ROMAN EMPIRE, as many as 35% of the population were slaves, and their condition was often terrible. The city of Rome had a population of one to two million, half of whom were slaves (Henry Burton, The Biblical World, Vol. 3, 1894). When Rome conquered a territory, tens of thousands of the people were sold as slaves. After Rome destroyed Jerusalem and Israel’s temple in AD 70, more than a million Jews were killed or sold as slaves. Slaves were considered property and had no legal rights under Roman law. They were called res (a thing, an object) and res mortales (a mortal thing). On the farm, slaves were called instrumentum vocalis (a talking tool). Farm slaves were branded on the forehead, chained together in teams of ten, and guarded by a foreman with a whip. Slaves could not own property or legally marry. They could be punished as the owner pleased, tortured, raped, castrated, prostituted, even executed. Runaways were treated as thieves (having stolen themselves from their masters) and suffered terrible tortures as warnings to others. When the slave revolt under Spartacus was defeated in 71 BC, 6,000 of them were crucified along the Appian Way to Rome and their bodies left to rot on the crosses for months. Children born of slaves were the property of their owners. Many slaves were worked to death under cruel conditions. Consider the Egyptian mines. “Egypt’s gold and quicksilver mines were worked by slaves, criminals and prisoners of war, including women, elderly men and children. Young men hacked the quartz loose. Older men broke the quartz into fragments. Children dragged the quartz to the grinders, powered by women who like others worked without rest, walking in circles and pushing levers that rotated a shaft. According to the Greek writer Agatharchides, in the mid-100s BCE, relief came only with death, which these miners welcomed” (“Privilege, Poverty and Failed Revolutions,” Macrohistory and World Timeline, This description refers to the time of the Greek Empire, but nothing of significance changed under the Romans.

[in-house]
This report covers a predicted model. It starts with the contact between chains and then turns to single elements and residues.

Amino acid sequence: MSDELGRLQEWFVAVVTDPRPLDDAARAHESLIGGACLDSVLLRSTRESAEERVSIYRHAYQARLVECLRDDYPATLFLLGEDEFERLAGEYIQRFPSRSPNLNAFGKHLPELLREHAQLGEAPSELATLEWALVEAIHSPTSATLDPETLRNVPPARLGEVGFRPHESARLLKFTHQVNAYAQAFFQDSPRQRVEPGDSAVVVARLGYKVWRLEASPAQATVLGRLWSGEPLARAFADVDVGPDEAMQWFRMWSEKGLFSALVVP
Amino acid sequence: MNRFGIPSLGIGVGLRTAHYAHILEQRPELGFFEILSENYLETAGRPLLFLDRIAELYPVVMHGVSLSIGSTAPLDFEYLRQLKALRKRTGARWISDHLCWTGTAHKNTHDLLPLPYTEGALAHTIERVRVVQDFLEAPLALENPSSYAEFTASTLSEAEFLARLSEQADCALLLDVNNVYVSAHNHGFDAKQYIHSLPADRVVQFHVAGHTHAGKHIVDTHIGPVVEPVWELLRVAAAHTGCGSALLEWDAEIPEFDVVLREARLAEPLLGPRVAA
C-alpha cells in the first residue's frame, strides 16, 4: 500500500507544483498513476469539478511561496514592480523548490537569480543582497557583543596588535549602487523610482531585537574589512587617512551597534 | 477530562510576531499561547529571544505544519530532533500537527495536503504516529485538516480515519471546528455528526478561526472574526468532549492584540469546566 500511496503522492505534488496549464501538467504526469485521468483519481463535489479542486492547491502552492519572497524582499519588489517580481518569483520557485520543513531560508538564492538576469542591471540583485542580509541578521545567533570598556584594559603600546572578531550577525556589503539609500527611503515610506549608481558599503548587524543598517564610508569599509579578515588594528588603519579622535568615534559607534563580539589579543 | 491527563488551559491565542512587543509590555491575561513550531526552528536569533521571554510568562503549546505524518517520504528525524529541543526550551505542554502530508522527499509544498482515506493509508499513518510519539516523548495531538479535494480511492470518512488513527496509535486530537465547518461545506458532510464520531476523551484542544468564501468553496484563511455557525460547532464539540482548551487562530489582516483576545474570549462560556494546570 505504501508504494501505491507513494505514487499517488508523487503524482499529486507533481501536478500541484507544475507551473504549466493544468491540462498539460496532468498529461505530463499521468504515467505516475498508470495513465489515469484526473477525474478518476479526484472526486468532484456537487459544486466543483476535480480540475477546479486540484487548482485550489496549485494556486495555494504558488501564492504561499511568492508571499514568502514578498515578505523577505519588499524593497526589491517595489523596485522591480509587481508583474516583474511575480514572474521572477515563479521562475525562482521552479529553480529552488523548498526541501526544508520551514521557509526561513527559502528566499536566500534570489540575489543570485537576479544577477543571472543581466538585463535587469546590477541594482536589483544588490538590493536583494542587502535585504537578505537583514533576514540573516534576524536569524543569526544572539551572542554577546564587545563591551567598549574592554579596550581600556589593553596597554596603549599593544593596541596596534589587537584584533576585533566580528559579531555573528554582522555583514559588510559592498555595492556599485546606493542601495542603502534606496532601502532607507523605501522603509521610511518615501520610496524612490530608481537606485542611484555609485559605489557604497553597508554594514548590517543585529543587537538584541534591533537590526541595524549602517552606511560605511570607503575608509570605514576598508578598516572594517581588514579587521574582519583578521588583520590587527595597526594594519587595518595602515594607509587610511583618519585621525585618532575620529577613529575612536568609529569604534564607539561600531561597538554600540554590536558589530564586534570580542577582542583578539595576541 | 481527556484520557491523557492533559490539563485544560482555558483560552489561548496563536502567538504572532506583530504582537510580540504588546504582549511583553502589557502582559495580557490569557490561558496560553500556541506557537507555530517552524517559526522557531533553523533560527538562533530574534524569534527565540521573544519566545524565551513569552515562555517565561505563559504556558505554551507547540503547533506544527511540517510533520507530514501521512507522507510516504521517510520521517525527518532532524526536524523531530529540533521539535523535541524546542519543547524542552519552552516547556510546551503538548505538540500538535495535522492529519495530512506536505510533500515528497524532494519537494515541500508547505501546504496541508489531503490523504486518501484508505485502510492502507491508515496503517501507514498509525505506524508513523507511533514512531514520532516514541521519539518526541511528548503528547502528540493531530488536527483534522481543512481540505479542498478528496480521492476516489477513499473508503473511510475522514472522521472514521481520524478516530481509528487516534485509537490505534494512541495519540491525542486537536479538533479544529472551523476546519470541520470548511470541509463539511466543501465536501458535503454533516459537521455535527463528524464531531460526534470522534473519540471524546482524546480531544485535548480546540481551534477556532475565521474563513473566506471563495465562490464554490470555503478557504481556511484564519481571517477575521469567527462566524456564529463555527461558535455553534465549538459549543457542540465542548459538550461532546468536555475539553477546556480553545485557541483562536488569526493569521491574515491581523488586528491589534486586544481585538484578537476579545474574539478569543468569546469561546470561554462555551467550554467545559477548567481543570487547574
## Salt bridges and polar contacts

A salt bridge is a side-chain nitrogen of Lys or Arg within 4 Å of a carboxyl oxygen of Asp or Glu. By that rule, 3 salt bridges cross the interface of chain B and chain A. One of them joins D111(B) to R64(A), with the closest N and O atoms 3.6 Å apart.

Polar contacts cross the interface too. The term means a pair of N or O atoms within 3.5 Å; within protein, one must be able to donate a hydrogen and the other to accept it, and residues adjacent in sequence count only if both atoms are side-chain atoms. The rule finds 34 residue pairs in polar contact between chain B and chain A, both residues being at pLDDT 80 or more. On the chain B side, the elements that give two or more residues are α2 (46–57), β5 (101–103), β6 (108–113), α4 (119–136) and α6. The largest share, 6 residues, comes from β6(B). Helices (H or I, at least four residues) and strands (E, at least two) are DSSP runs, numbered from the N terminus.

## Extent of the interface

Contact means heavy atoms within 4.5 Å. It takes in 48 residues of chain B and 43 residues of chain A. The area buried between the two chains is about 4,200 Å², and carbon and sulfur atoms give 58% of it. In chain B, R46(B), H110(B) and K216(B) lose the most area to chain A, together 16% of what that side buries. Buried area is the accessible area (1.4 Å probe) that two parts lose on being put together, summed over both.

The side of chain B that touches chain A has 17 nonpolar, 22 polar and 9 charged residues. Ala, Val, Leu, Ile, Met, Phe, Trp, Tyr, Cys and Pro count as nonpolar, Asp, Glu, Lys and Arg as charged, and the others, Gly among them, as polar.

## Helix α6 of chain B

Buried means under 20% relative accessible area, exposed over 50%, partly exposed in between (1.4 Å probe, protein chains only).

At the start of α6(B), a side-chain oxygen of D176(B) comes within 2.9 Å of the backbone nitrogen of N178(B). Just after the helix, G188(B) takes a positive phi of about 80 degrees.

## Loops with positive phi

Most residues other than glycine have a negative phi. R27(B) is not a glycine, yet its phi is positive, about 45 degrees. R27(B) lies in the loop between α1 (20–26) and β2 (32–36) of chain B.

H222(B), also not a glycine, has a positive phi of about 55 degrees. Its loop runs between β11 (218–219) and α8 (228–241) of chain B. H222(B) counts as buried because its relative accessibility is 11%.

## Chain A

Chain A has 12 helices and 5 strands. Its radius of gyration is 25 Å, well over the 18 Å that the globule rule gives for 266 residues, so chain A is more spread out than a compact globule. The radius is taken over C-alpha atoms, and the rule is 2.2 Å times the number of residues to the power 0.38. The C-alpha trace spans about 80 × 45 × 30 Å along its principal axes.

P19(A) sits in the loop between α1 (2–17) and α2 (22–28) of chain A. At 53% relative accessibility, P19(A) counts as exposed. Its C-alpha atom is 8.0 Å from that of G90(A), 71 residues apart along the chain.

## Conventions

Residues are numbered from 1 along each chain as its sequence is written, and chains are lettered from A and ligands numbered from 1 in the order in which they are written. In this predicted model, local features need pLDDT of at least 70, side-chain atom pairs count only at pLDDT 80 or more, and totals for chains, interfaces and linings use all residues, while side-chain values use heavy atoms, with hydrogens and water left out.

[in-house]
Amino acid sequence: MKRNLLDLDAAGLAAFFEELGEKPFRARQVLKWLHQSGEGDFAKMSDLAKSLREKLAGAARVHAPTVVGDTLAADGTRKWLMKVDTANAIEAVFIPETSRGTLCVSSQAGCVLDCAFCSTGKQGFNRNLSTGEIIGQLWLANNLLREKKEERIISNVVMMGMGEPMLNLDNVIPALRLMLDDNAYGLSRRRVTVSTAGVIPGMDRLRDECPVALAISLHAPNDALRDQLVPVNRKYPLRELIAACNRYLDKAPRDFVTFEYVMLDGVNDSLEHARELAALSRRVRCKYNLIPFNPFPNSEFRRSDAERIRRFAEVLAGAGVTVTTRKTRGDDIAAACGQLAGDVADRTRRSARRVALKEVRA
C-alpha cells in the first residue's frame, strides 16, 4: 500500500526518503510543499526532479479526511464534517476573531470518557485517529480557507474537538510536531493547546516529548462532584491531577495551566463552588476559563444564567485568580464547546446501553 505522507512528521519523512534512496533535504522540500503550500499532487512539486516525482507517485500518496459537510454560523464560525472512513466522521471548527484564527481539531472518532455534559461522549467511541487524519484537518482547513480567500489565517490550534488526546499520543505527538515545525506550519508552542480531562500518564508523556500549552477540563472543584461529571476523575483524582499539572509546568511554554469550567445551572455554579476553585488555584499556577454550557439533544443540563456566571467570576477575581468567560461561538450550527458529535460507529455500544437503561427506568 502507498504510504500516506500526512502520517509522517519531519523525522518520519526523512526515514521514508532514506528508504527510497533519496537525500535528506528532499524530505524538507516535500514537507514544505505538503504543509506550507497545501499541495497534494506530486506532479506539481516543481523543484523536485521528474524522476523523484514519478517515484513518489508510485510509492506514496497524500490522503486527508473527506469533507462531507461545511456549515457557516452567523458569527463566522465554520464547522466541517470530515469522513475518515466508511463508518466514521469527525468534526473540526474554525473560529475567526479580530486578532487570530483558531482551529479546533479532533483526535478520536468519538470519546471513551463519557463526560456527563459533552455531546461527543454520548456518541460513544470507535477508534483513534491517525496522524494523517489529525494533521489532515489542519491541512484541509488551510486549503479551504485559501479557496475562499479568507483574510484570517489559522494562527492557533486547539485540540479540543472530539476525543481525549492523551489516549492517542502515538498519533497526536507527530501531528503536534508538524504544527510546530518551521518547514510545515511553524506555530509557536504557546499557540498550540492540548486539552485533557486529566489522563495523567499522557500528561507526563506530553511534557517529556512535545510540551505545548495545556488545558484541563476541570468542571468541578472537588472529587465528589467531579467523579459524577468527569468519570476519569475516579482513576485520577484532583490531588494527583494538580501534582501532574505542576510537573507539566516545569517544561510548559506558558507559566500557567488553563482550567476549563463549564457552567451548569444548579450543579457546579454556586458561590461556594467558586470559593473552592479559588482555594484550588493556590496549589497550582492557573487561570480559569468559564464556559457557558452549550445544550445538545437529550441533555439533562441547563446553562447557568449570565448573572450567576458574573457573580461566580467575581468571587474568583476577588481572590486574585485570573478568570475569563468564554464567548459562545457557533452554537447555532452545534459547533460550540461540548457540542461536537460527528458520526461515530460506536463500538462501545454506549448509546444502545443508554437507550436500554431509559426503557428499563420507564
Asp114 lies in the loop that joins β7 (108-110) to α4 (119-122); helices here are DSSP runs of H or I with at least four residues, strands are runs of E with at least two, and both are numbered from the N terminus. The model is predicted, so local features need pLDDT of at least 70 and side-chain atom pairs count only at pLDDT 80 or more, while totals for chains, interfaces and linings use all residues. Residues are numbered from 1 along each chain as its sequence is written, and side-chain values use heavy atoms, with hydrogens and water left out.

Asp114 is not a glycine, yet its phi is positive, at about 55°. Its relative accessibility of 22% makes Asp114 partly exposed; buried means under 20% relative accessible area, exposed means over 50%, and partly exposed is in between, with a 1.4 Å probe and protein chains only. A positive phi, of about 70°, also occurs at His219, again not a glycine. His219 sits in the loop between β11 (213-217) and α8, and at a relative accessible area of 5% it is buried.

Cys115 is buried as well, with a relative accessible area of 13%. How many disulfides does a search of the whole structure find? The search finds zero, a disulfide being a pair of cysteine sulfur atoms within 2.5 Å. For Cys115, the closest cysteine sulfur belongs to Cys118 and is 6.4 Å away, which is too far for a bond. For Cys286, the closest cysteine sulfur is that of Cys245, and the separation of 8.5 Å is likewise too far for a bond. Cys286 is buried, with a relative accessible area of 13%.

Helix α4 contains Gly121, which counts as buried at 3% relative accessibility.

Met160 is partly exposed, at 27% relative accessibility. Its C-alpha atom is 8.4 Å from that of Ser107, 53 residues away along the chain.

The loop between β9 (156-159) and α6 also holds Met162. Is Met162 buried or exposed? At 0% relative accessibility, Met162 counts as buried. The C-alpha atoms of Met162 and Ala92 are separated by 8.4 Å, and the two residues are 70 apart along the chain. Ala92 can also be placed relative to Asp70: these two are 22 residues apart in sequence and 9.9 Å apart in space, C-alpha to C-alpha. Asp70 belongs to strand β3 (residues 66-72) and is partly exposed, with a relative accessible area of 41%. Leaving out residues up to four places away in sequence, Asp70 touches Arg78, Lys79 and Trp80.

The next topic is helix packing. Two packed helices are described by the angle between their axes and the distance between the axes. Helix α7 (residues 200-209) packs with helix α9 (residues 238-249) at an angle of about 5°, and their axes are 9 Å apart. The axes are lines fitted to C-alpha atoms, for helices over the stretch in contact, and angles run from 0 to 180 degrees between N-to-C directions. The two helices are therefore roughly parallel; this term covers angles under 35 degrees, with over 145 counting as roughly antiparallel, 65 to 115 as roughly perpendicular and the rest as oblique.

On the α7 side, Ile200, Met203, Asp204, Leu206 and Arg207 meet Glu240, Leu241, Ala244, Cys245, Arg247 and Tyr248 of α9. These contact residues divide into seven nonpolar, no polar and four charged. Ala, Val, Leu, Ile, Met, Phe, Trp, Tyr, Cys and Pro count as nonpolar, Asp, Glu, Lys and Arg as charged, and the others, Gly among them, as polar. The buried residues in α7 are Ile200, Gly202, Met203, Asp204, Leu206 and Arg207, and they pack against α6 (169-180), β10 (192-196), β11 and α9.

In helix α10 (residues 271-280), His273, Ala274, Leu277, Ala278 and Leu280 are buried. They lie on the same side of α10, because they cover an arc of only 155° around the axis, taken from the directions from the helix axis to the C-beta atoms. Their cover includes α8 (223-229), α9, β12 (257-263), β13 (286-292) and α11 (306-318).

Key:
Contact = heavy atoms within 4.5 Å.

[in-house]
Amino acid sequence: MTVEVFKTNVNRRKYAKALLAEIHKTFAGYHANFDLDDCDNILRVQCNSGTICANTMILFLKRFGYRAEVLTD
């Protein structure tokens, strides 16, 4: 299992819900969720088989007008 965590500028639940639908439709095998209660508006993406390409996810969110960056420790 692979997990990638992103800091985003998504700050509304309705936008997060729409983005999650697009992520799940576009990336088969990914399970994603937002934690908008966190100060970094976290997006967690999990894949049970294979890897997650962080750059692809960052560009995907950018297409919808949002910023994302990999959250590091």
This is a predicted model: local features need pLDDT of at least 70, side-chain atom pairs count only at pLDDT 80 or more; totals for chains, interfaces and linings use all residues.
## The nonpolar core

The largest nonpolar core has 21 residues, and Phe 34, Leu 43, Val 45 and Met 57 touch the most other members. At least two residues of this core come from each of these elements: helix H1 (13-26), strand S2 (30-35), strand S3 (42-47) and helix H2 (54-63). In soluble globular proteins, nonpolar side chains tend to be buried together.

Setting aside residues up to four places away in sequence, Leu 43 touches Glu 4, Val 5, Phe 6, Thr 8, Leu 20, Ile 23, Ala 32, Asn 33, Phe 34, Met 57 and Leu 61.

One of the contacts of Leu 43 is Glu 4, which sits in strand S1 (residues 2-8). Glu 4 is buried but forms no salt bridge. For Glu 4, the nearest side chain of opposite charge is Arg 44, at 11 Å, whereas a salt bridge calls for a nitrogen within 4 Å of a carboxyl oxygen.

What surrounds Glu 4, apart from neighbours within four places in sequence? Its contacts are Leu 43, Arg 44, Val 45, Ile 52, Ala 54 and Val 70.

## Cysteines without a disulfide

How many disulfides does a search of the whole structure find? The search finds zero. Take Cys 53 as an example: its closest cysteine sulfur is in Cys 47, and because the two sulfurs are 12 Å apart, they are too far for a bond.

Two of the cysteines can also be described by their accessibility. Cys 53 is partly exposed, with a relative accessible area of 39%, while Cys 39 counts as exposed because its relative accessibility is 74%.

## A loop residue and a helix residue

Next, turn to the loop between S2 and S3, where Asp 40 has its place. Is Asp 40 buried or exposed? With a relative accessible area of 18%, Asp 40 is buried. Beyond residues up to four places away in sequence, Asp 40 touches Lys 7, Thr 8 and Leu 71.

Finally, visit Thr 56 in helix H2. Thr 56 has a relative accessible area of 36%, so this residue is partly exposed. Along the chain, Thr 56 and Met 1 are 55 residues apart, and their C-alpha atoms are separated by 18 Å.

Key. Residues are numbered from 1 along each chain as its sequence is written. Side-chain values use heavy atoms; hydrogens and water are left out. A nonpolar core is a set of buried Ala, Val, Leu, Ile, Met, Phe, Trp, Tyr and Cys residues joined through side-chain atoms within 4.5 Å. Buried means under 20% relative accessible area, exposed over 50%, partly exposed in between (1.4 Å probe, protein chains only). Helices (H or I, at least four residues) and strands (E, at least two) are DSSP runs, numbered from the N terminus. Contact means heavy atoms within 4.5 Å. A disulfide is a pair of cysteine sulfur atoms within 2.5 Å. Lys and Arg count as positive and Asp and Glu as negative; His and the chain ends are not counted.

ISLAM was a slaving people since Mohammed, who took one-fifth of the slaves for himself. Muslims turned slavery into a major industry for over a thousand years. It was a “Muslim gold rush.” “Slave taking rapidly burgeoned into a major industry” (Robert Davis, Christian Slaves, p. 140). Between 698-709, Muslims defeated the black Berber tribes of northwestern Africa, selling 60,000 into slavery. “Islamic Spain became the hub of a vast new slave-trade. Hundreds of thousands of European slaves, both from Christian territories and from the lands of the pagan Slavs, were imported into the Caliphate, there to be used as concubines (if female) or to be castrated (if male) and made into harem guards or the personal body-guards of the Caliph” (Emmet Scott, Muhammad and Charlemagne Revisited). Between 712 and 1193, Muslim armies raided India in subsequent waves of attacks. They demolished temples, robbed, murdered, raped, and enslaved millions. For example, in 1001 AD Sultan Mahmud of Ghazni took 500,000 slaves from Jayapala, including thousands of children. In the days of Mughal ruler Babur (r. 1526-1531), slave markets were set up at Kabul and Qandahar “where caravans came from India carrying slaves (barda) and other commodities to sell at great profits” (M.A. Khan, Islamic Jihad, p. 216). Mughal governor Said Khan Chaghtai “possessed 1,200 eunuch slaves.” Shah Jahan (builder of the Taj Mahal) had a harem of 5,000 concubines. The magnificent Mughal buildings were constructed largely through slave labor. “[I]t is the great multitude of enslaved Indians who supplied unconditional labor, with Muslim masters on watch with whips in their hands. ... Sultan Alauddin accumulated 70,000 slaves, who worked continuously in building. ... Sultan Firoz Tughlaq assembled 180,000 slaves for his services” (M.A. Khan. Islamic Jihad, pp. 229, 230). The Ottomans were major slavers. An estimated one-fifth of the population consisted of slaves. Most towns and cities had a slave marketplace called an Esir. It is estimated that over 28 million Africans were enslaved in the Muslim world in the past 14 centuries” (“A Focus on the African Slaves in the Arab World,” African Echo, Sep. 18, 2015). Another four million white Europeans were enslaved (Robert Davis, Christian Slaves, Muslim Masters). The Ottomans also traded in slaves in the region of the Black Sea. An estimated three million Europeans from this region were enslaved between the 14th to the 17th centuries (Alan Fisher, “Muscovy and the Black Sea Slave Trade,” Canadian American Slavic Studies, 1972, Vol. 6, pp. 575–594). The Ottomans also purchased white slaves from the Vikings. They lived in North Europe in the region of modern Sweden and Denmark and conducted pirate raids between the eighth to the eleventh centuries. They are called Norse and Scandinavians. They raided throughout the British Isles, western and northern Europe. They traveled east as far as the Volga River in Russia where they sold white European slaves to the Muslims, particularly white women for the harems (M.A. Khan, Islamic Jihad, pp. 322, 323). Beginning in the 8th century, Muslims took over the ancient African slave trade that had existed since the Egyptian pharaohs. “The African continent was bled of its human resources via all possible routes. Across the Sahara, through the Red Sea, from the Indian Ocean ports and across the Atlantic. At least ten centuries of slavery for the benefit of the Muslim countries (from the ninth to the nineteenth). ... Four million slaves were exported via the Red Sea, another four million through the Swahili ports of the Indian Ocean, perhaps as many as nine million along the trans-Saharan caravan route, and eleven to twenty million (depending on the author) across the Atlantic Ocean” (Elikia M’bokolo, “A Hundred and Fifty Years after France Abolished Slavery,” Le Monde diplomatique, April 1998). Beginning in the eighth century, Arab traders on the Swahili Coast in east Africa bought Zanj (Bantu) captives from the interior of Africa (present-day Kenya, Tanzania, Mozambique) and sold them to Muslims in Egypt, Arabia, Persia, India, and elsewhere. Eventually tens of thousands of slaves were captured and sold every year. “A 10th-century caliph of Baghdad had 11,000 slaves at his palace” (“Human Cargo,” New York Times, Mar. 4, 2001). Slaving continued on the East Coast of Africa until the 19th century. Under Omani Arabs in the 19th century as many as 50,000 slaves were passing through Zanzibar each year (“Swahili Coast,” National Geographic, Oct. 17, 2002). Northern Africa became the base for the Muslim Barbary pirates. They operated throughout the Mediterranean and into the Atlantic from their bases in Morocco, Algiers, Tunis, and Tripoli. These states were a part of the Ottoman Empire, and the sultans in Constantinople received a portion of the slaves and stolen wealth. They were “the recognized overlords of the Mohammedan world” (Brian Kilmeade, Thomas Jefferson and the Tripoli Pirates, p. 36). From the 16th to the 19th century, they captured an estimated 1 to 1.25 million white Europeans (Robert Davis, Christian Slaves). This doesn’t include those captured by Morocco and other raiders. It was called “Christian stealing.” Slavery is still practiced widely in Sudan and Mauritania. In the latter, slavery has existed since the Arabs conquered it in the 12th century. Though abolished in 1981, the anti-slavery law is not enforced. Estimates of slaves in Mauritania today “range from 100,000 to more than a half-million.” Slaves “are used for labor, sex and breeding. The property of their masters, they are passed down through generations, given as wedding gifts or exchanged for camels, trucks, guns or money. ... According to a Human Rights Watch/Africa report, routine punishments for slaves in Mauritania--for the slightest fault--include beatings, denial of food and prolonged exposure to the sun, with hands and feet tied together. More serious infringement of the master’s rule (in American slave-owning parlance, ‘getting uppity’) can lead to prolonged tortures known as ‘the camel treatment,’ in which the slave’s body is slowly torn apart; the ‘insect treatment,’ in which tiny desert insects are inserted and sealed into the ear canal until the slave is driven mad; and ‘burning coals,’ a torture not fit to describe in a family newspaper” (“Arabs Have Black Slaves Today,” Israel National News, Mar. 29, 2013).